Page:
If you noticed the math homework your child is being assigned is more complex than when you were in grade school, you might be on to something.

In 2015, the National Assessment of Educational Progress, a project of the federal Education Department, found that the average math scores in the U.S. for fourth- and eighth-graders fell for the first time since 1990.

However, the report found that Florida was the only state to see an increase in math between 2015 and 2017 for the fourth- and eighth graders.

There is a push to change how math homework is solved. Teachers are following the conceptual method of solving problems rather than the timetables and procedures that adults memorized in their childhood.

The conceptual method involves more explanation behind a math problem. There are more steps, with an explanation at each. Instead of two steps in the traditional problem solving, teachers will break the problem in five or six, for instance.

Only time will show which method is more effective. In the meantime, there are several tasks you can do to make sure your kid’s math scores stay on top. It all starts with their homework.

“Most of the schools now have an electronic component,” said Debra Mathinos, Education Director at the Heights Center. “A lot of those textbooks that are online, have specific resources for parents.”

Parents can now turn to the website associated with the textbook to help their children solve difficult math problems.

And if your child happens to leave his or her math book at school, Lee County School Districts offers an app where parents can access a digital copy. The app gives you access to reviews, quizzes and it allows you to print lessons and worksheets.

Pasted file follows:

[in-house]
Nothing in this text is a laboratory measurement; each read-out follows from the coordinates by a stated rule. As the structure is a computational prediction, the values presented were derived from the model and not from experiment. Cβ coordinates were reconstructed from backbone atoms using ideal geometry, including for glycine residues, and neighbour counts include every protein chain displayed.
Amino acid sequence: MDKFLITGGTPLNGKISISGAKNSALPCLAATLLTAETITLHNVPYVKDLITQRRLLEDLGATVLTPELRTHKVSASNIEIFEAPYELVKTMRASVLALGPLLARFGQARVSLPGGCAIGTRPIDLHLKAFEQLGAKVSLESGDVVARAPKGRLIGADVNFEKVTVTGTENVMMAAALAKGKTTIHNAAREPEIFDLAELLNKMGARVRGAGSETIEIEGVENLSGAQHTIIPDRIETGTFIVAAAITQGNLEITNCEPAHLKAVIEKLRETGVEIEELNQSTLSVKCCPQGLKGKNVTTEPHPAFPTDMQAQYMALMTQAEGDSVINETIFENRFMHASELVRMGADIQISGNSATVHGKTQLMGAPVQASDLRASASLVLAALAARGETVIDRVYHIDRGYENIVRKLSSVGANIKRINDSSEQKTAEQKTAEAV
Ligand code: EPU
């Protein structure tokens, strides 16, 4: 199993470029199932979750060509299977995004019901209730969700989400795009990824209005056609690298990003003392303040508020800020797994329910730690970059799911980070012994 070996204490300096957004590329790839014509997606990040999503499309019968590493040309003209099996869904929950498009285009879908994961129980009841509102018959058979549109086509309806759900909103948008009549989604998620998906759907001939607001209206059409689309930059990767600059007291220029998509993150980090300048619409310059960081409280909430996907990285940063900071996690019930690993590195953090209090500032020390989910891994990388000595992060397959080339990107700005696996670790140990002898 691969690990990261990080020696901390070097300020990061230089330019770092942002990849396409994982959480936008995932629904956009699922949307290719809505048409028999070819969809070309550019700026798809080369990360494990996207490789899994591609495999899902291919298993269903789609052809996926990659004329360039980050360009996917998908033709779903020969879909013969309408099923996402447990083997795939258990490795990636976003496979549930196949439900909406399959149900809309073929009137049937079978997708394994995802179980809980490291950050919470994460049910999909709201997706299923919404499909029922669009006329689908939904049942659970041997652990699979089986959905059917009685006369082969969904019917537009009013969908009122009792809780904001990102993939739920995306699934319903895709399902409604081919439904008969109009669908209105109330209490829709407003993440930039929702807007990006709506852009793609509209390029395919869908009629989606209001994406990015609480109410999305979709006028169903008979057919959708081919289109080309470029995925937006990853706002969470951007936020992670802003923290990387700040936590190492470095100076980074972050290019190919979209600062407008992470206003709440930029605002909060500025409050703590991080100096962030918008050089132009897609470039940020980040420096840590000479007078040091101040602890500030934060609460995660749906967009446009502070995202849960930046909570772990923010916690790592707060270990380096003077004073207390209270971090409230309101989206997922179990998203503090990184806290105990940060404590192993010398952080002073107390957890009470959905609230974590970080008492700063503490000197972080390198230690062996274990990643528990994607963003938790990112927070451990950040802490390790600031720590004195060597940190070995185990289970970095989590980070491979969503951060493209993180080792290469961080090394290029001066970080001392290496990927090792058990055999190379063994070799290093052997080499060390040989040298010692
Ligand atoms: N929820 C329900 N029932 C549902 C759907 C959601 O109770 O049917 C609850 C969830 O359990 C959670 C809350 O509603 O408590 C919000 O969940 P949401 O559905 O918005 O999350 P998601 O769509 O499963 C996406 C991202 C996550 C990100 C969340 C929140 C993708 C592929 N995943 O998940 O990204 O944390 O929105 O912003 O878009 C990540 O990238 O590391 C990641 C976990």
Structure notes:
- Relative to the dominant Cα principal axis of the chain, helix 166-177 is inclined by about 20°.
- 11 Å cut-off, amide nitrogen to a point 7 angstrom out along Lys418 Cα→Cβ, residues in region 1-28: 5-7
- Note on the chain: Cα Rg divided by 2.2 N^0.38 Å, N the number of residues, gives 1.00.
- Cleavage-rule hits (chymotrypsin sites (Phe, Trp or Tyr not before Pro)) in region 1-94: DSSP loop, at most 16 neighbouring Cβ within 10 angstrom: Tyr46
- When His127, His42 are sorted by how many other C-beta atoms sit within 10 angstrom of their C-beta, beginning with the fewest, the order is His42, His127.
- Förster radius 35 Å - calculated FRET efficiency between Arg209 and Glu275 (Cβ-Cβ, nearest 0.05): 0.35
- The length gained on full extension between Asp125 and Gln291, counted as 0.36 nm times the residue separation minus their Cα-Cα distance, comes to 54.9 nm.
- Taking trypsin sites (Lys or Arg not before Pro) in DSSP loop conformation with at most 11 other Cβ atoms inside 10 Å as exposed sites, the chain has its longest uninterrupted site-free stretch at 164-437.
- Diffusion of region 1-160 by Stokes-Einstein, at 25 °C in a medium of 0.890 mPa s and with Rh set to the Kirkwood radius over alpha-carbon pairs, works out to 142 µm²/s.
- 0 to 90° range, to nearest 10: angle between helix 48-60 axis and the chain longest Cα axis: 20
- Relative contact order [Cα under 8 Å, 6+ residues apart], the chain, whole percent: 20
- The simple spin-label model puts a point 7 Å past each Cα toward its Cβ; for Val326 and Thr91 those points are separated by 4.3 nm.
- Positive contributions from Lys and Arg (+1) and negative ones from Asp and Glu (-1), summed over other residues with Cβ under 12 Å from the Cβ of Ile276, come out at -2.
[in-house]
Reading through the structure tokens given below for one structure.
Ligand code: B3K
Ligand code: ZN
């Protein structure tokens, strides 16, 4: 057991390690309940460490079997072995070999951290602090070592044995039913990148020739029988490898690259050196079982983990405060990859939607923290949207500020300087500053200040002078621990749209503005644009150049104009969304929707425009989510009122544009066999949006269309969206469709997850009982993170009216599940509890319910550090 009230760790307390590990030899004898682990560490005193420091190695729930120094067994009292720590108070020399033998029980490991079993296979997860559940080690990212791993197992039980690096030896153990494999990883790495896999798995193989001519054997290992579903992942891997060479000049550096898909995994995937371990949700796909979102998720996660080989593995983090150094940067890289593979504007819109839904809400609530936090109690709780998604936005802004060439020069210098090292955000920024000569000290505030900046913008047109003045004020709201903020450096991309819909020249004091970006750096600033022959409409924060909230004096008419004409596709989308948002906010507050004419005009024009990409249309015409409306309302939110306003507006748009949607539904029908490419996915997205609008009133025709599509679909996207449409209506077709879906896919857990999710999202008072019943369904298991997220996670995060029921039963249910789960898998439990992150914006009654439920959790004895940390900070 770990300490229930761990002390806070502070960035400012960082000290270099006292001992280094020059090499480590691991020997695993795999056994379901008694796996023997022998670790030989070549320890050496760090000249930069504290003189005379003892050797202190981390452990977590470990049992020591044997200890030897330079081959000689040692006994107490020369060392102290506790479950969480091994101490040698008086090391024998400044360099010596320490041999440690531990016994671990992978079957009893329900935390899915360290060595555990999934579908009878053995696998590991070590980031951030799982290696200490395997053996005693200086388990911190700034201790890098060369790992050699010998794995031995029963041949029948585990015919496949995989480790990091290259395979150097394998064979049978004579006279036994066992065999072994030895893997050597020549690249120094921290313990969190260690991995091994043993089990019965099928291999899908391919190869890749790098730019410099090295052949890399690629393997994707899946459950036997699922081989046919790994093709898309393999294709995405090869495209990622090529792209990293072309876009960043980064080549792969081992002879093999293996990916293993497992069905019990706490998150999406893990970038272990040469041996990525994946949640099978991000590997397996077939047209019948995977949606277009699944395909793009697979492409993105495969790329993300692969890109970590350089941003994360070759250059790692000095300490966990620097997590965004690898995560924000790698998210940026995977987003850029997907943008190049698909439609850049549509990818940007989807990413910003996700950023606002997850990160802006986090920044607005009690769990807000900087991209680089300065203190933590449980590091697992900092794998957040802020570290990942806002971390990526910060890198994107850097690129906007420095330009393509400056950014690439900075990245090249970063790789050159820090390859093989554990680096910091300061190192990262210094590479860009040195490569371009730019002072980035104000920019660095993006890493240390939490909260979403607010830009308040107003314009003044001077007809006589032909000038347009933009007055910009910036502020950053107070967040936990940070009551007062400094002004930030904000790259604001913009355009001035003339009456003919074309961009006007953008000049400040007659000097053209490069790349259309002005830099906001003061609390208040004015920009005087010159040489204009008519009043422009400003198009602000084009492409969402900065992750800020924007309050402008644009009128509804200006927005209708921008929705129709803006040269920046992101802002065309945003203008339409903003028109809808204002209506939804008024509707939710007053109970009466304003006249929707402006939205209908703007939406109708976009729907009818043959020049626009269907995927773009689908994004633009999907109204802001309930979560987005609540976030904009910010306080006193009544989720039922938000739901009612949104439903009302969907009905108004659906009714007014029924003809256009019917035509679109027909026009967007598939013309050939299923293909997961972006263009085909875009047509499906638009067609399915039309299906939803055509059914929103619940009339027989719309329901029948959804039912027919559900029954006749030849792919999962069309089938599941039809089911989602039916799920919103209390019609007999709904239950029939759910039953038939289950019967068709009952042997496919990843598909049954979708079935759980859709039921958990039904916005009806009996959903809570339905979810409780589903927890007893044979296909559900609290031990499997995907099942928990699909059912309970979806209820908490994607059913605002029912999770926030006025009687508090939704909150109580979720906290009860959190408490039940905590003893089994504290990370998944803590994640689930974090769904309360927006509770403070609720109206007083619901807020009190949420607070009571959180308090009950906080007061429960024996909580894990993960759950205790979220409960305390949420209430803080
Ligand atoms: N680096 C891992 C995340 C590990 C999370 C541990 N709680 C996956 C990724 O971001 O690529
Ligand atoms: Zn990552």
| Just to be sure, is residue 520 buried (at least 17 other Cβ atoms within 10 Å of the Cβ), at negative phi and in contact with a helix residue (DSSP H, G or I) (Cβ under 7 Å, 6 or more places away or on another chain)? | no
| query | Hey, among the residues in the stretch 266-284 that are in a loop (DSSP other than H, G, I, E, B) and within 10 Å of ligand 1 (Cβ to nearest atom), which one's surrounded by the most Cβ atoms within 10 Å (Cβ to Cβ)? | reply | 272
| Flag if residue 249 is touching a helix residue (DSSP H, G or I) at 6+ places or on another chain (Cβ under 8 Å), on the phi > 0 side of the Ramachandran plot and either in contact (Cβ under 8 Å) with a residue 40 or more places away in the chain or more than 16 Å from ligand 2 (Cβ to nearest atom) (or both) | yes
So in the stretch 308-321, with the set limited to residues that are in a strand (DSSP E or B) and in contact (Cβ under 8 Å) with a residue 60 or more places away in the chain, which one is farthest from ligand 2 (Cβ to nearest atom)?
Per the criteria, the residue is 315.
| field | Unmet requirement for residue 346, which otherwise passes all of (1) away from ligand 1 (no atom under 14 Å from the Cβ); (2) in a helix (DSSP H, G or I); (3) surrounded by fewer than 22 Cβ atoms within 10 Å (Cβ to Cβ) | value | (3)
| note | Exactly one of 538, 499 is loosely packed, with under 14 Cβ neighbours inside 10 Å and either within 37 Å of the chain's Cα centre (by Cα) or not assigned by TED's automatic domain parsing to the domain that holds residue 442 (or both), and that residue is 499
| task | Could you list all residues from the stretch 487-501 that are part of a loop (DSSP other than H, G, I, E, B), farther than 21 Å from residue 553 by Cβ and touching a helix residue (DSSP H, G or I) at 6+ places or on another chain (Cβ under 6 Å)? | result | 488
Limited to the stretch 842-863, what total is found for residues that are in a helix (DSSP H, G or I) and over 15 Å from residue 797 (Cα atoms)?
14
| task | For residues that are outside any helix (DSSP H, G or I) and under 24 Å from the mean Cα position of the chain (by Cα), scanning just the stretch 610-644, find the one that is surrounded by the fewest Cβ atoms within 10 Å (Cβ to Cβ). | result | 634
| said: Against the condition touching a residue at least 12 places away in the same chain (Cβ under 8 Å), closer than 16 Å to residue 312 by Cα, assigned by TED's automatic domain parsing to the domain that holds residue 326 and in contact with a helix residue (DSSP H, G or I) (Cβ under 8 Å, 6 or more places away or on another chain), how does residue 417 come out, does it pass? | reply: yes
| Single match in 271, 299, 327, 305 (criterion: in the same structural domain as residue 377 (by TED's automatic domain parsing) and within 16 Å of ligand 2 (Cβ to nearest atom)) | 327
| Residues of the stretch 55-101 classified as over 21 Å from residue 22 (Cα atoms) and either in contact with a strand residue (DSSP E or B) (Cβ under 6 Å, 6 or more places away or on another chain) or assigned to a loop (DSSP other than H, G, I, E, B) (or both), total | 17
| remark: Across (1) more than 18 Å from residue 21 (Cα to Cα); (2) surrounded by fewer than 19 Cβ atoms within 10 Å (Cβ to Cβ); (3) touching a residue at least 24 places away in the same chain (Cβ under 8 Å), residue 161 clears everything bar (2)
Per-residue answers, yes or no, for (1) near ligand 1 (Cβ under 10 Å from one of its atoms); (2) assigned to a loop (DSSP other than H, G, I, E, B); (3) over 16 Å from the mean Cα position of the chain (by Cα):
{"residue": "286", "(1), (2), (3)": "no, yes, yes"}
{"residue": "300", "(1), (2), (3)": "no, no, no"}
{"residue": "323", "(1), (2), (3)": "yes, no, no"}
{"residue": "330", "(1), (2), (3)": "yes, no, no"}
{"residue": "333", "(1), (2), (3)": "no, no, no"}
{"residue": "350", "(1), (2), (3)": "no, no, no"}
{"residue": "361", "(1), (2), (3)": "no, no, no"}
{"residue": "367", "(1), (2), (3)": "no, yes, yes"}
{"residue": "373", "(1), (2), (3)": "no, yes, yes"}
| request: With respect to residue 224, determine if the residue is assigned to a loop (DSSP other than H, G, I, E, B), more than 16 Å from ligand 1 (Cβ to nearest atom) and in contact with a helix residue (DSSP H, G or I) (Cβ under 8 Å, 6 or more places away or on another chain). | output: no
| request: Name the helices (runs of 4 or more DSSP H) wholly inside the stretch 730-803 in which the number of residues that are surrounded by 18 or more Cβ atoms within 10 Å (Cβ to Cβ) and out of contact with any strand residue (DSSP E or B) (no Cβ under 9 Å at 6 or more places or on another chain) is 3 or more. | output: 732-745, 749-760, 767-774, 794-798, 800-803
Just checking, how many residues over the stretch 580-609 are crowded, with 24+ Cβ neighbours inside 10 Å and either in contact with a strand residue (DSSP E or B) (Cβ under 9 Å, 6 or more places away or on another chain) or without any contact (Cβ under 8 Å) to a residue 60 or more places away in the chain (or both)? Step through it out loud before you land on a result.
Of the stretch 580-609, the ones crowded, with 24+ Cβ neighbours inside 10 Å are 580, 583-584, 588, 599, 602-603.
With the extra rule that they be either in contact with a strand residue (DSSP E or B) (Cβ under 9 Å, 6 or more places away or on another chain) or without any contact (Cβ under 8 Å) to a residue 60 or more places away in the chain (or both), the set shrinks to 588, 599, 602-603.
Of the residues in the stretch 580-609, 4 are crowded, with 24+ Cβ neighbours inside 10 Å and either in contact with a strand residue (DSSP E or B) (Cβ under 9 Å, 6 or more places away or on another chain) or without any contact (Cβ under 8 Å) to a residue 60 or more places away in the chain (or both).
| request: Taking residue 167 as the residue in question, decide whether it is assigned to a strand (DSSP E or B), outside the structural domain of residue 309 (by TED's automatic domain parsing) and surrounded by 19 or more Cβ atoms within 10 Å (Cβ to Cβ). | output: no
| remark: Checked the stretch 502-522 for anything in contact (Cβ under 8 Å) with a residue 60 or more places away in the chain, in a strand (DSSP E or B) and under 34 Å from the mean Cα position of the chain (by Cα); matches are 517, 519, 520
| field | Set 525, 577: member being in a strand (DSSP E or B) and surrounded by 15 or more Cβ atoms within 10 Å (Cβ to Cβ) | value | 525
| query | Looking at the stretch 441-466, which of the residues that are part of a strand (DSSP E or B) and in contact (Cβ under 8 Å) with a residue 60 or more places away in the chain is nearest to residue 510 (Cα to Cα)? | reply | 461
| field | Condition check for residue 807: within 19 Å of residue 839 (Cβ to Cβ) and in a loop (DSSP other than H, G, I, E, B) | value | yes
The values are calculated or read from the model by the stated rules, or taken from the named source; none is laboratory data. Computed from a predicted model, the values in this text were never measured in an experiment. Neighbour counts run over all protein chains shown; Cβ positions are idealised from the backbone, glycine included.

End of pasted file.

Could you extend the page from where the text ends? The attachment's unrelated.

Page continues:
These textbook apps are usually easy to navigate on a computer. A few clicks of a button

will lead to various chapters, where problems are listed. Usually, the textbook will also have answers to those problems for the parent to check at his or her convenience to ensure that the child’s math solution is correct.

If the problem is wrong and the parent is also unsure how to correctly solve it, he or she can easily screenshot the page and attach it to an email to send to the teacher. The method usually leads to a response soon after.

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More Resources
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If your child needs extra guidance in math, there are several resources throughout Southwest Florida and the Internet, including;

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Additional reporting by Val Simpson
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